Alex Peck Antique Medical Artifacts

Sale Catalogue

Page 12

Below is a listing of a few medical and scientific antiques that are currently for sale. Please feel free to send an e-mail for additional details and to place an order. 

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  82.   A well-made sterling silver Gibson's patent medicine spoon with the upper handle hand-engraved: C. Gibson, Inventor, / 1 Bishopsgate St. Wenthian.  The Gibson medicine spoon was invented by Charles Gibson in 1827;  he was given a Society of Arts award  for its design in 1828.  To read an 1842 description of this special spoon, please see this link (bottom of p. 377 and the top of p. 378).  Note that one advantage offered by Gibson's medicine spoon was the placement of bad tasting medicines, such as castor oil, to the back of the tongue and beyond the taste buds.  The London hallmarks are those of Charles Gibson, himself, and date the antique medicine spoon to 1828, which is also the year that his silver mark was registered on 21 February.  The Gibson spoon was made by various companies over the next 100 years, but here is an outstanding example by the inventor in an early year of production.  $1,750

  83.  A scarce antique dental forceps-key extractor marked: BAKER & RILEY / PATENTED 1845 // J. FENTON / COLUMBUS [OHIO].  The instrument is a combination of the attributes of the an extracting forceps and a toothkey.  Squeezing the grip controls the claw, an action which must be done with a finger to the claw on a regular toothkey.  On 8 November 1845 John Wilson Baker and William Willshire Riley, both of Columbus, were issued patent number 4,261 for an Instrument for Extracting Teeth.  This dealer is aware of only one other example of a Baker and Riley patented dental forceps-key.  The dental instrument maker John Fenton was active in Columbus from 1843 to 1863, as cited in Edmonson, p. 250.  SOLD


dental, forceps key, Baker and Riley, 1845.jpg (47877 bytes)

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dental, forceps key, Baker and Riley, 1845, Fenton mark.jpg (65027 bytes)


  84.  A remarkable antique doctor's paperweight embellished with numerous medical attributes...a skull and thigh bone; two open to an illustration of the chest; a monaural stethoscope; a percussor; a pleximeter; a sandglass timer; a head band speculum; a quill; a scroll; laurel leaves; all topped by a staff of Asklepios with intertwined snake.  The base of the antique medical paperweight is a reddish variegated marble.  SOLD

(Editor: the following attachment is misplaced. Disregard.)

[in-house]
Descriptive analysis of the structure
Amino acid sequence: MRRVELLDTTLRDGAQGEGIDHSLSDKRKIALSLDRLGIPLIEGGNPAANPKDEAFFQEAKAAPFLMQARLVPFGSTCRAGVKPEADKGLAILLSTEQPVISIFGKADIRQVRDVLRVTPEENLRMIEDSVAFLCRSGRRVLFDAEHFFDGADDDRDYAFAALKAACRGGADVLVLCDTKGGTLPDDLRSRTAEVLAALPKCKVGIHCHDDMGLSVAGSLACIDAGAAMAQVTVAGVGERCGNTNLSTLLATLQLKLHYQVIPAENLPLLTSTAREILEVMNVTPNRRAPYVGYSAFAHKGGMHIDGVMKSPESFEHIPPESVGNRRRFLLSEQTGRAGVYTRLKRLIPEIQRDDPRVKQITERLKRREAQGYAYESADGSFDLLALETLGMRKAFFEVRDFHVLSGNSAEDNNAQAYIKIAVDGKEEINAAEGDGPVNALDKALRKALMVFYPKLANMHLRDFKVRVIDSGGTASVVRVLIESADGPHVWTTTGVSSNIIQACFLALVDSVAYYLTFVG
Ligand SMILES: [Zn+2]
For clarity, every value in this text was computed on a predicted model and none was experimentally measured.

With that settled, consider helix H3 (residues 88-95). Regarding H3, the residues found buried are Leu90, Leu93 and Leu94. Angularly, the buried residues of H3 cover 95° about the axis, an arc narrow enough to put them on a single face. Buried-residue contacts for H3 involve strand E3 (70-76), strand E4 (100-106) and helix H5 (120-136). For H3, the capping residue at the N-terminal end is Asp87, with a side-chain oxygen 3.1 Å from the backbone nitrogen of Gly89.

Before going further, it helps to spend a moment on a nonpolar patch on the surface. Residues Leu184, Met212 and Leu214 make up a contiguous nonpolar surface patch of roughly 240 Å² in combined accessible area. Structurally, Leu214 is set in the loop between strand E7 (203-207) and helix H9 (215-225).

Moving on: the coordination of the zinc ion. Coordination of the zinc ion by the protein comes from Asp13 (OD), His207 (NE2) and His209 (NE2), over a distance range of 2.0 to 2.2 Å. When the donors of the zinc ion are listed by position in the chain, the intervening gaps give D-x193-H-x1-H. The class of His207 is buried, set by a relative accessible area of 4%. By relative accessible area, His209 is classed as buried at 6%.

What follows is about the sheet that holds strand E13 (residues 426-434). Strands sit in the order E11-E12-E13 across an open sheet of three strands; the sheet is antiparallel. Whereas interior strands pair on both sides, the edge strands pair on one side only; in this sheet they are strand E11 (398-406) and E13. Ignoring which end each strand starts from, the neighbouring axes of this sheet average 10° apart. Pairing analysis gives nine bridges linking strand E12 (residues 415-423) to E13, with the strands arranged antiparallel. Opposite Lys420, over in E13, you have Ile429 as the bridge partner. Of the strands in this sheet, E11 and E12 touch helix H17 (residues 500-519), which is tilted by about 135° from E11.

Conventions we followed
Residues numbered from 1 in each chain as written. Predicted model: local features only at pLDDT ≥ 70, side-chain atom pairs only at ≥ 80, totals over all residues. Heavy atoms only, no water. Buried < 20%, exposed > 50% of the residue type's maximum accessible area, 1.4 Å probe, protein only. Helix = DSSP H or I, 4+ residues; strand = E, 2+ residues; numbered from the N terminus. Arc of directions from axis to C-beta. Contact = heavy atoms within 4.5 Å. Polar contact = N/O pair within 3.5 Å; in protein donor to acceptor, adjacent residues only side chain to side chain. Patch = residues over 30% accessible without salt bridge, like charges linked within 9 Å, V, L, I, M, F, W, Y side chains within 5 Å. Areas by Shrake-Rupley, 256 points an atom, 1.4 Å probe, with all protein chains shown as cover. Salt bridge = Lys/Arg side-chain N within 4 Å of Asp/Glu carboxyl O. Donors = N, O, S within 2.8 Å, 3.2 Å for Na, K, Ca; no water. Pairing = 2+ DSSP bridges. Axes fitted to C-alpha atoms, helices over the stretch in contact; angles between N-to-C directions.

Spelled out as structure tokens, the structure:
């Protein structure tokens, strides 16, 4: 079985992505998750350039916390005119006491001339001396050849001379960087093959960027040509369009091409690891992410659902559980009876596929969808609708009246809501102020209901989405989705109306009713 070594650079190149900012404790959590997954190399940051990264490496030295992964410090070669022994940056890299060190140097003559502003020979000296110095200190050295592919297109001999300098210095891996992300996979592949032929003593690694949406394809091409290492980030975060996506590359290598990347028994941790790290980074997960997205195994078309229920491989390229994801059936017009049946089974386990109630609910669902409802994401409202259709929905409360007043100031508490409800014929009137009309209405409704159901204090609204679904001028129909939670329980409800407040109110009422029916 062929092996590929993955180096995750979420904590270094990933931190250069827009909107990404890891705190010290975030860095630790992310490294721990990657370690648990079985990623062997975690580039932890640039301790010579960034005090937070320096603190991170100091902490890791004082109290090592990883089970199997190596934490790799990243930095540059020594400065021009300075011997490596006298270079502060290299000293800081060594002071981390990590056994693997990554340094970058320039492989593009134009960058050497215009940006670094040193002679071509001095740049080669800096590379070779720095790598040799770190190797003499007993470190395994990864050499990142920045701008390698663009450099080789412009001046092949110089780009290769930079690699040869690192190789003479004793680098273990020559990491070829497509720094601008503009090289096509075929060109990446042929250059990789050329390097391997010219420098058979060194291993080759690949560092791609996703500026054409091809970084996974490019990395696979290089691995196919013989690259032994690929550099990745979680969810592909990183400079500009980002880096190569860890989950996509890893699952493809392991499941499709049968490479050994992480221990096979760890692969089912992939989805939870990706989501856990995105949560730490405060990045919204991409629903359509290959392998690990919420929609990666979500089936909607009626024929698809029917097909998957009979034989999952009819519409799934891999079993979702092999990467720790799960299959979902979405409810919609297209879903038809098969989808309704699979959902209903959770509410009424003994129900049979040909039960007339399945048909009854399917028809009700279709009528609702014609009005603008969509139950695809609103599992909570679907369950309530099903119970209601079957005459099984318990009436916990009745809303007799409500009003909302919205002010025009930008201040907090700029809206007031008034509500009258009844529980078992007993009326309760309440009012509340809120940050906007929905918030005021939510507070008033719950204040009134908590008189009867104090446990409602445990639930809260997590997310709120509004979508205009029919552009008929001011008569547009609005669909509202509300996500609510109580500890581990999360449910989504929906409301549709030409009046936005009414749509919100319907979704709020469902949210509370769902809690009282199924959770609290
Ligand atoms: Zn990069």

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doctor's paperweight, antique.1_edited-1.jpg (86436 bytes)

  85.  A very scarce c. 1800 model eye.   One of the most desirable ophthalmic and anatomical antiques.  $1,950 

ophthalmic, model eye, ivory, apart.jpg (39386 bytes)

  86. Kalogynomia or the Laws of Female Beauty: Being the Elementary Principles of That Science, T. Bell, M.D.   London:  J.J. Stockdale, 1821.  First edition.  $750  

  87.  A 19th century antique Flint's percussor by Tiemann, New York.  The double-ended head is natural rubber.  The percussor is named after Dr. Austin Flint, Sr. (1812-1886), who is known as the American Laennec and the first American cardiologist.  $145 


  88.   J. Julian Chisolm, A Manual of Military Surgery for the Use of Surgeons in the Confederate States Army.  2nd ed.   514 pp.   Richmond: West & Johnson, 1862. Chisolm (1830-1903) was the foremost surgeon in the Confederacy, and his important military surgery manual went through three editions. This Civil War book is signed and dated by the original owner: T[homas] D. Stokes and June 7th 1862. Dr. Stokes (1817-1886) was born in Caswell Co, North Carolina, and practiced and died in Danville, Virginia. He was an 1839 graduate of the University of Pennsylvania. This Confederate manual is in fine condition and has its original binding, medical forms, and foldout.  SOLD

  89.   A fine quality early 19th century antique naturalist's microscope with its original case.  The antique fleaglass microscope is complete and in excellent condition.  $675




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